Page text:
Last reviewed 7 January 2021
The Government has been accused of “rank hypocrisy” in the fight against the climate change, for allowing a new deep coal mine to go ahead in Whitehaven, Cumbria.
The coal mine proposal, put forward by West Cumbria Mining, was approved by Cumbria County Council in October 2020, but the Government told the council to hold off issuing permission until it had considered whether to “call in” the application.
Mike Starkie, Mayor of Whitehaven, said he has now been formally notified that the Government would not be calling it in, and the project could go ahead.
“In the letter I have received today following my support of the mining application, the Minister of State for Housing writes that the Government has decided that this a decision best taken locally – and I wholeheartedly agree.”
West Cumbria Mining says the mine is set to produce 2.78 million tonnes of coking coal a year for around 50 years. CEO, Mark Kirkbride, said he was “delighted” with the government’s decision.
“My team and I are now looking forward to concluding planning sign-off and then being able to commence preparatory steps to begin site work later this year”.
Trudy Harrison, Conservative MP for Copeland, described the government decision not to call in the applications as "fantastic news”.
"It is vital that this development goes ahead and I am pleased that common sense has prevailed." Coking coal is essential for the steel industry and this has been rightly recognised," she said.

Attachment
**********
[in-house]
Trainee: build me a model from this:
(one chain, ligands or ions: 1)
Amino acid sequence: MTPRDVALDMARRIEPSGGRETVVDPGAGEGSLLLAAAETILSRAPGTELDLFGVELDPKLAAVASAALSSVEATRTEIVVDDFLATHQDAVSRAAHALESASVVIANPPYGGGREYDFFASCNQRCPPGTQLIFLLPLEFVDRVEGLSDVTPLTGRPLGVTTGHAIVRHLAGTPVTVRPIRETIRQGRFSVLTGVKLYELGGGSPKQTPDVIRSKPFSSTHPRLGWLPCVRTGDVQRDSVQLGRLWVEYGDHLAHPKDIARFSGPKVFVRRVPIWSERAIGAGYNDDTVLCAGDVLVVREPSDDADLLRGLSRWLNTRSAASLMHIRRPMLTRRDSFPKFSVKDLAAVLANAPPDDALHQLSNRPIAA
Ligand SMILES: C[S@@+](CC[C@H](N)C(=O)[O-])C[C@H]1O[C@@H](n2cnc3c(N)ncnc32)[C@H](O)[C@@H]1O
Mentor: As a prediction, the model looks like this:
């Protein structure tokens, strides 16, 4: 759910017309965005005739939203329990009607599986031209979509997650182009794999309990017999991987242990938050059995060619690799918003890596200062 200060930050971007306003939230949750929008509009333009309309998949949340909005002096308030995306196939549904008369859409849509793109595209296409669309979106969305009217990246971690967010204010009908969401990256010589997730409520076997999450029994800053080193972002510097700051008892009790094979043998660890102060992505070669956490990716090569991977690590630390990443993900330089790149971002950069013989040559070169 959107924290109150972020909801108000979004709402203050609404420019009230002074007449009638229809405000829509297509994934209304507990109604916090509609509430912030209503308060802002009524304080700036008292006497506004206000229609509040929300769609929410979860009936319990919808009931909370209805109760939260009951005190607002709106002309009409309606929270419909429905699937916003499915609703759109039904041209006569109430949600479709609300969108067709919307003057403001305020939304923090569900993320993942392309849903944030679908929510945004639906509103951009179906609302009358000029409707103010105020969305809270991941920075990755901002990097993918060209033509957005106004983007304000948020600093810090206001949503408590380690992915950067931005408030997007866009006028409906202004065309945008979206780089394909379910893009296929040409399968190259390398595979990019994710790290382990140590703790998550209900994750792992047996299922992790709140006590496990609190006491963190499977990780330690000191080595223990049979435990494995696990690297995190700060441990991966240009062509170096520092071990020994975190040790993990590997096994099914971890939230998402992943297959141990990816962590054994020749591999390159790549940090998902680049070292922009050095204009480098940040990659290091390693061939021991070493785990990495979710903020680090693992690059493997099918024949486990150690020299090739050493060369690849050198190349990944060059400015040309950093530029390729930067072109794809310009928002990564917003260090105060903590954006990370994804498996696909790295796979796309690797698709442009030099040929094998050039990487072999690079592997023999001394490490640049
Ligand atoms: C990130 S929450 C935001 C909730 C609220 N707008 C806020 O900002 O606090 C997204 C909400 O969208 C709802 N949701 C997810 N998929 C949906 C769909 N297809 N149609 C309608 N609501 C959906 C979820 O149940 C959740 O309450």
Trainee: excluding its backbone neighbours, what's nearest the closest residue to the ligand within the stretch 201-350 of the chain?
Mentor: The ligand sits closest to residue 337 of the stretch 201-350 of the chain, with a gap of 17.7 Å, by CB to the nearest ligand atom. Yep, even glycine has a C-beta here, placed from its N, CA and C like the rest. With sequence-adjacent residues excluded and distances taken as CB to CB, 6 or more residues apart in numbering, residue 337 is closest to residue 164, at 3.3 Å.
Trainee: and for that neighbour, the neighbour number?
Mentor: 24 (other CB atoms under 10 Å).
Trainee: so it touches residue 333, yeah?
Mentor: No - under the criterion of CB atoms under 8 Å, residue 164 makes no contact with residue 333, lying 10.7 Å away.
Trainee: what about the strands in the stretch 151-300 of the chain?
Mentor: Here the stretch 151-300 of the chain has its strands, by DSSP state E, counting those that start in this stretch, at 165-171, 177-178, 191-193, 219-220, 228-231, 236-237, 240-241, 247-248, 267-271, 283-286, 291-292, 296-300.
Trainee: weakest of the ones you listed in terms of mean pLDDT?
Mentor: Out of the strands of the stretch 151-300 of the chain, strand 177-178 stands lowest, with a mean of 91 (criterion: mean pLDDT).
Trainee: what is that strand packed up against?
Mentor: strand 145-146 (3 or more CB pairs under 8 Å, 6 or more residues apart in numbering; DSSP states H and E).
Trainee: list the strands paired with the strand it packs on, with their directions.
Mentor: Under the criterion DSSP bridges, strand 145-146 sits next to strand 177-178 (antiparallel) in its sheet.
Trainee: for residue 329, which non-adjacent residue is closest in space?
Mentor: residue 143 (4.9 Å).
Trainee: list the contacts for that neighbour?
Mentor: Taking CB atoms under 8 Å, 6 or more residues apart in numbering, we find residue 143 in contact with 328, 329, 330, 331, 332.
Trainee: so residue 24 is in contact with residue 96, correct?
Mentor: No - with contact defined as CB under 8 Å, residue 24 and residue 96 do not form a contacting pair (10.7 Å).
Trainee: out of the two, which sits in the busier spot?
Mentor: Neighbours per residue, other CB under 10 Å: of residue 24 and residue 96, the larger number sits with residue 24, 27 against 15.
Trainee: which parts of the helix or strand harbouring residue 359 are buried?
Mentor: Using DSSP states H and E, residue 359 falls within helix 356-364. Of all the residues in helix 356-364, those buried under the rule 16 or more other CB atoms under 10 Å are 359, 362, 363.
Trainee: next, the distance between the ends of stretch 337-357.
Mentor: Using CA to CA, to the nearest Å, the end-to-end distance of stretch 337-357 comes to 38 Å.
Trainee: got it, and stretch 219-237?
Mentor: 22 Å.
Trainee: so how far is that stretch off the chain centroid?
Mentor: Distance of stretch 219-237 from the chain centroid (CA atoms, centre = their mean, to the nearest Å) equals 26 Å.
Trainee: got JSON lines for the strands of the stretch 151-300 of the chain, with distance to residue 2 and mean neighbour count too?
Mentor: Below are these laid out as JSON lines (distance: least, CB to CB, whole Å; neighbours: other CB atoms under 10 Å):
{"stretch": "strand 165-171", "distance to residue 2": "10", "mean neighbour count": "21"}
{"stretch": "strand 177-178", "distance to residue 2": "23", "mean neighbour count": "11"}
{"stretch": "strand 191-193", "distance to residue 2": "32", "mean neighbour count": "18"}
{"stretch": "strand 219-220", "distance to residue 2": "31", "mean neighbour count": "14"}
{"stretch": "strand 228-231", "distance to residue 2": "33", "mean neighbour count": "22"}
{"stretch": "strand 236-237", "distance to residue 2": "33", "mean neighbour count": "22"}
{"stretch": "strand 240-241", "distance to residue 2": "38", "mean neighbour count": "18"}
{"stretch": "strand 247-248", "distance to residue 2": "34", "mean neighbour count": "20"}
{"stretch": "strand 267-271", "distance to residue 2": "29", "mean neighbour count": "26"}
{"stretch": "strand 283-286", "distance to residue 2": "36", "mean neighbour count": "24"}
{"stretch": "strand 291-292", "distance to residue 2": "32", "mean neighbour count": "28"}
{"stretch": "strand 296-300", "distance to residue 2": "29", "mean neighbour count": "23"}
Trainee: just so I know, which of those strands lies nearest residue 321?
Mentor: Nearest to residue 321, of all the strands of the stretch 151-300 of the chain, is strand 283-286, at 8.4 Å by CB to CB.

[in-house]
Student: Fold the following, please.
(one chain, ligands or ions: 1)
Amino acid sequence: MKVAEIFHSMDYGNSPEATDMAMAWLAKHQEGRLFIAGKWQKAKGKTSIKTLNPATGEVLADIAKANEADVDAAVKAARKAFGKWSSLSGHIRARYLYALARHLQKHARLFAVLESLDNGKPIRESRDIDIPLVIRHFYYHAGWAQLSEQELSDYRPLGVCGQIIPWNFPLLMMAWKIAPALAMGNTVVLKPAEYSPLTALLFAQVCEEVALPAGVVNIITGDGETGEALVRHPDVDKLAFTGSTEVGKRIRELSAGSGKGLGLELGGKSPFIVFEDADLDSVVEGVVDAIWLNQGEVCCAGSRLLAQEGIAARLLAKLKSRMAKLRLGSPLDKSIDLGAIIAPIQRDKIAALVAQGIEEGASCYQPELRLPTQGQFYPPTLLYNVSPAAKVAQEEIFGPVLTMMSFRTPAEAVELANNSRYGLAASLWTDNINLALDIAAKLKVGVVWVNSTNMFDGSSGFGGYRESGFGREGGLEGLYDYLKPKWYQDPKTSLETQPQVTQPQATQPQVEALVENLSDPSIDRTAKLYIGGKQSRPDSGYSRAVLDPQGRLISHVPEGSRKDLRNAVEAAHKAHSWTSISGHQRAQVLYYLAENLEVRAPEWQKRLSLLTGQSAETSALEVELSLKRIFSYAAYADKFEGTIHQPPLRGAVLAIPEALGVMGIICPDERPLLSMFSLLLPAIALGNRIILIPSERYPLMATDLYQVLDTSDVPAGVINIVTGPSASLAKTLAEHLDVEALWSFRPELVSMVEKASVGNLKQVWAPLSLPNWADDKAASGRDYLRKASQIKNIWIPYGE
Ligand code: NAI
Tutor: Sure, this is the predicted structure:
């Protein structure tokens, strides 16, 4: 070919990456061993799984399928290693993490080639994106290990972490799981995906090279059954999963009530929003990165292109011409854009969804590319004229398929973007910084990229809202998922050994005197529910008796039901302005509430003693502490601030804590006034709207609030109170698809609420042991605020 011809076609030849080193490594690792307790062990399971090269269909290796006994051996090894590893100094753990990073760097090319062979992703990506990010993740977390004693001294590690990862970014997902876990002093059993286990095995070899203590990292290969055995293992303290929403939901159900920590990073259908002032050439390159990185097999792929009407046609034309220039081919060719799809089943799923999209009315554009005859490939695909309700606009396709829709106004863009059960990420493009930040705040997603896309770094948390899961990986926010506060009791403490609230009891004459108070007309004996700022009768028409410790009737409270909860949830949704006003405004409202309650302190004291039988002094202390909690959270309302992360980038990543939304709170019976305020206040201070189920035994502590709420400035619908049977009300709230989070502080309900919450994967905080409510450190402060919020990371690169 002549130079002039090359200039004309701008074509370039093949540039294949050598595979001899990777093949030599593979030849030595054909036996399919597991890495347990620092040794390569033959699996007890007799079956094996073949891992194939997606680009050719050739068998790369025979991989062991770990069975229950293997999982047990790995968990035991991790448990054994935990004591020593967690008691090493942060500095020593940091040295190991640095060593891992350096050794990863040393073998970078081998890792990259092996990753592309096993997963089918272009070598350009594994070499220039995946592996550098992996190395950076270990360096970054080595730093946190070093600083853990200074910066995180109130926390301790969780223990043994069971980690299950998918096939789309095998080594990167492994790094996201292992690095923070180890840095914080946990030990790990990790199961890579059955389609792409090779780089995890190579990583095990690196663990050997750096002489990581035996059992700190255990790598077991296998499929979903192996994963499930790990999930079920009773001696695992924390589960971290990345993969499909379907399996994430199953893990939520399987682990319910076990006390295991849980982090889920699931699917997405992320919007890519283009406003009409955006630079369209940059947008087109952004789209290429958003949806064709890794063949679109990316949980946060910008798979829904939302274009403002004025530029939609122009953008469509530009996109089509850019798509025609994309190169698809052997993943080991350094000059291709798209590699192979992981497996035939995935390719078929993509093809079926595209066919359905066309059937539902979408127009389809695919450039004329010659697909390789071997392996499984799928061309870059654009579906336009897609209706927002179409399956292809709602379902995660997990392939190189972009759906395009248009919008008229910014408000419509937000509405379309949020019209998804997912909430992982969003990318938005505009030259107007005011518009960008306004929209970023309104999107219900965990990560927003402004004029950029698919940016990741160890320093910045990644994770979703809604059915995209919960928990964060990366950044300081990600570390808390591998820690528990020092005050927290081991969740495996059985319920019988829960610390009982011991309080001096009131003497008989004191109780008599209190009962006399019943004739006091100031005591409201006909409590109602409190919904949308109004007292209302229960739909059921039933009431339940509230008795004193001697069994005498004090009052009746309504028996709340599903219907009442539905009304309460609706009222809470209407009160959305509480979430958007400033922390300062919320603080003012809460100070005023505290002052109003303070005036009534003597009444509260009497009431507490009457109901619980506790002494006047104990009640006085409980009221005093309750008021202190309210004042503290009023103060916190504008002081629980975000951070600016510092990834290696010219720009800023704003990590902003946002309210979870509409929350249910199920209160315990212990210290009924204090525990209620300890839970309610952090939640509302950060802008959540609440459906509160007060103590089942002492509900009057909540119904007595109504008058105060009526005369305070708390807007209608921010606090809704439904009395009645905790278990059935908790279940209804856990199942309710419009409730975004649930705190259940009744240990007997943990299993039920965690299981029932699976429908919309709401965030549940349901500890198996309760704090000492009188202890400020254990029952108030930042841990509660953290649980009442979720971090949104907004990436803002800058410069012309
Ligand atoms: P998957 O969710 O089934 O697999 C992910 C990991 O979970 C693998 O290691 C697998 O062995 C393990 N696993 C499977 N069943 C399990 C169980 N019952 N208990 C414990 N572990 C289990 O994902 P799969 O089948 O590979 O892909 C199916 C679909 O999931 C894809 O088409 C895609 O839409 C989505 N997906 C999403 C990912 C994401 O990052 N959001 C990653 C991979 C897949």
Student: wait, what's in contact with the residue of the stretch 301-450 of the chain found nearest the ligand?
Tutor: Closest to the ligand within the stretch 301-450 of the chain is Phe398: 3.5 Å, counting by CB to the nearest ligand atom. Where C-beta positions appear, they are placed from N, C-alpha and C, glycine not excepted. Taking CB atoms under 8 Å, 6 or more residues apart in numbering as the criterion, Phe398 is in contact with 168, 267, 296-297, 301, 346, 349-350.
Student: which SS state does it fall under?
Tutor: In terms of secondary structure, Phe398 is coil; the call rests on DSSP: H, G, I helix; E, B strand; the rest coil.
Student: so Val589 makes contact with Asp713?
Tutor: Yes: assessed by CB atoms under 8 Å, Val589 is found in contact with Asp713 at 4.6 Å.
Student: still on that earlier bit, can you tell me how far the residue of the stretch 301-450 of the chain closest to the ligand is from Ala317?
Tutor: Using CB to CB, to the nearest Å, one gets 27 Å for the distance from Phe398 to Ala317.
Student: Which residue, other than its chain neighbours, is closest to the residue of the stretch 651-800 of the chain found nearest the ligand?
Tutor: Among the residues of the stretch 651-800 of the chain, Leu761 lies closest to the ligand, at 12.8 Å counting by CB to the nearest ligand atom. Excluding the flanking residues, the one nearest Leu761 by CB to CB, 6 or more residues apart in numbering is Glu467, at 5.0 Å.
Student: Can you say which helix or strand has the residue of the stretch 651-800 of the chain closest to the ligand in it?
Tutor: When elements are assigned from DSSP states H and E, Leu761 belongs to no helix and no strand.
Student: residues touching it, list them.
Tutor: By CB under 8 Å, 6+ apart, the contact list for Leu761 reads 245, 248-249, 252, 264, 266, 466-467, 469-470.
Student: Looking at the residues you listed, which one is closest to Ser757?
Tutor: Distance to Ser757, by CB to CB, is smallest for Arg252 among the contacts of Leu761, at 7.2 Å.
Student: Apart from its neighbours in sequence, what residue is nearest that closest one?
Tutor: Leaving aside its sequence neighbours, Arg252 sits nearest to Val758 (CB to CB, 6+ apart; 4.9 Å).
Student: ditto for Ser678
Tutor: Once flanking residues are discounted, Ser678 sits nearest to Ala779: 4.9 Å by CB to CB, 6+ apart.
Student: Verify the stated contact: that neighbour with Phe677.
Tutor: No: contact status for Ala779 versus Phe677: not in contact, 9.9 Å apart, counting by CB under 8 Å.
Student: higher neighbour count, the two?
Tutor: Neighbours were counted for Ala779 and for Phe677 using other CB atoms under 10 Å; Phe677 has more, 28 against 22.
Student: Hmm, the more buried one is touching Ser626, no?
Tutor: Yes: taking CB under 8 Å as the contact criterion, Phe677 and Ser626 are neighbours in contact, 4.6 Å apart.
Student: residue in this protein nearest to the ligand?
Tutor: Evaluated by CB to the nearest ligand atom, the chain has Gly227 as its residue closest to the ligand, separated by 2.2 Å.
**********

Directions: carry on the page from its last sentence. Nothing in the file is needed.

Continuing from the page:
The last operating deep coal mine in the UK was Kellingley colliery in North Yorkshire, which was closed in December 2015, partly in response to market forces favouring renewables and partly to phase out fossil fuel power in the UK to reduce greenhouse gas emissions. Plans for an opencast mine on the Northumberland coast were also rejected in 2020.
Woodhouse Colliery will be the first mine to be built in the UK in over 30 years. The mine head will be cited close to the former Haig Pit colliery and the redundant Marchon chemicals factory site above the town of Whitehaven. The mine could produce coal from a 77-square-mile (200 km2) section underneath the Irish Sea, just a few miles up the coast from the Sellafield nuclear waste storage site.
Concerns over the new coal mine are running high in Cumbria. Extinction Rebellion Cumbria along with local residents staged a "climate change crime scene" protest outside local government offices last October, when the council decided to approve the plans.
Liberal Democrat MP for Westmorland and Lonsdale, Tim Farron, who asked for the proposal to be "called-in" described the government’s decision as "utter and rank hypocrisy”.
"Cumbria has so many renewable resources to provide energy — water, wind and solar — and we should most definitely not be taking the backwards step of opening a new coal mine," he told the BBC.
The decision to allow the coal mine to go ahead is likely to raise questions over the UK’s Net Zero emissions commitments in the run up to the crucial International Climate Summit (COP26), which the UK is hosting in Glasgow in November.